References (27)


Citations (2)



Keynes's Approach to Full Employment: Aggregate or Targeted Demand?

Pavlina R. Tcherneva

Bard College - The Levy Economics Institute

August 8, 2008

Levy Economics Institute Working Paper No. 542

This paper argues that John Maynard Keynes had a targeted (as contrasted with aggregate) demand approach to full employment. Modern policies, which aim to close the demand gap, are inconsistent with the Keynesian approach on both theoretical and methodological grounds. Aggregate demand tends to increase inflation and erode income distribution near full employment, which is why true full employment is not possible via traditional pro-growth, pro-investment aggregate demand stimuli. This was well understood by Keynes, who preferred targeted job creation during expansions. But even in recessions, he did not campaign for wide-ranging aggregate demand stimuli; this is because different policies have different employment creation effects, which for Keynes was the primary measure of their effectiveness. There is considerable evidence to argue that Keynes had an on the spot approach to full employment, where the problem of unemployment is solved via direct job creation, irrespective of the phase of the business cycle.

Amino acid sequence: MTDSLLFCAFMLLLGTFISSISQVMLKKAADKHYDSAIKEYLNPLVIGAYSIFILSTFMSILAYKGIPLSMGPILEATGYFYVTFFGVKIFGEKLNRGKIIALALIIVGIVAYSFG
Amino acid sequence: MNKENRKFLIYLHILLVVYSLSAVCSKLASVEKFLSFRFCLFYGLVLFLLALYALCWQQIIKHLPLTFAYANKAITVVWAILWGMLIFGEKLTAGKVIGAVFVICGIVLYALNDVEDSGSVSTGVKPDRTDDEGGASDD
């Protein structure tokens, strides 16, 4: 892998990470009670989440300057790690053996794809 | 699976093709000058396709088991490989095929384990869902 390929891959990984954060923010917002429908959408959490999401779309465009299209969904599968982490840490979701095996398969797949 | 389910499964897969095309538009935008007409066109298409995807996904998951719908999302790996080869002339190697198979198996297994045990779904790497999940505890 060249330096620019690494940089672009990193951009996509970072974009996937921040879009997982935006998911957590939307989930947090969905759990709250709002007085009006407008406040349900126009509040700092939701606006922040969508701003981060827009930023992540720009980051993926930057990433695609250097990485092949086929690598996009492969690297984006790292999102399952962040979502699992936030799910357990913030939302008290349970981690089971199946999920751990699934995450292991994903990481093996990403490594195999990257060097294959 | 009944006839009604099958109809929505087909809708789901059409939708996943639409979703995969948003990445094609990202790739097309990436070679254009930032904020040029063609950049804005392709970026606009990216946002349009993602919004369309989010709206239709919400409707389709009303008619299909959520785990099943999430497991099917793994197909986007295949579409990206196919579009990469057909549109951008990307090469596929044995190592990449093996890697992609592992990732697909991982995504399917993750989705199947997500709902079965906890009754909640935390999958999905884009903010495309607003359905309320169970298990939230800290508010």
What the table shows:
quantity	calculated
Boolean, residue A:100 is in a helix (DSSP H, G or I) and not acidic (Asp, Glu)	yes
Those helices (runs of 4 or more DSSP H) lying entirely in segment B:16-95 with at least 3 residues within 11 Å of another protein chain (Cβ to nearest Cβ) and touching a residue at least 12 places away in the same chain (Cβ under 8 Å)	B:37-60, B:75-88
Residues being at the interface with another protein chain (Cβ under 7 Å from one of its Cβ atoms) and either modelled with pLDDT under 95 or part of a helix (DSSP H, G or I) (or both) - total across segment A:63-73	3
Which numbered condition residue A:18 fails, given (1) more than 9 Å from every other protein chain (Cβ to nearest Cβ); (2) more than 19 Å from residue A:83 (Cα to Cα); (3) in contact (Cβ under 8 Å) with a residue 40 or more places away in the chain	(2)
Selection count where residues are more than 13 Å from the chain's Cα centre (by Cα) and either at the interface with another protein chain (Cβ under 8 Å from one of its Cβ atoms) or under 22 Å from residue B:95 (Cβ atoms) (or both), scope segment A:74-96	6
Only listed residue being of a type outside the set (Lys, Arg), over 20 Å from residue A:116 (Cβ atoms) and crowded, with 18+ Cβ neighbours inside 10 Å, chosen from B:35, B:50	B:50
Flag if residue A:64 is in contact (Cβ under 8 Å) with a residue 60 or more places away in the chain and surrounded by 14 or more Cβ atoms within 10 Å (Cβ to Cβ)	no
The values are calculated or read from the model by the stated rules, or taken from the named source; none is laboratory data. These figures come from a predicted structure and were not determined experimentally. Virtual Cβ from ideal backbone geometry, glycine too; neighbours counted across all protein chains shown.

Number of Pages in PDF File: 25

Keywords: John Maynard Keynes, Public Works, Fiscal Policy, Full Employment, Aggregate Demand, Targeted Demand, Demand Gap Analysis

JEL Classification: E01, E12, E62, B31

Open PDF in Browser Download This Paper

Date posted: August 10, 2008 ; Last revised: October 24, 2008

Suggested Citation

Tcherneva, Pavlina R., Keynes's Approach to Full Employment: Aggregate or Targeted Demand? (August 8, 2008). Levy Economics Institute Working Paper No. 542. Available at SSRN: http://ssrn.com/abstract=1212982 or http://dx.doi.org/10.2139/ssrn.1212982

Contact Information

Pavlina R. Tcherneva (Contact Author)
Bard College - The Levy Economics Institute ( email )
Annandale-on-Hudson, NY 12504-5000
United States
Feedback to SSRN

Paper statistics
Abstract Views: 2,341
Downloads: 221
Download Rank: 103,702
References:  27
Citations:  2

© 2016 Social Science Electronic Publishing, Inc. All Rights Reserved.  FAQ   Terms of Use   Privacy Policy   Copyright   Contact Us
This page was processed by apollobot1 in 0.219 seconds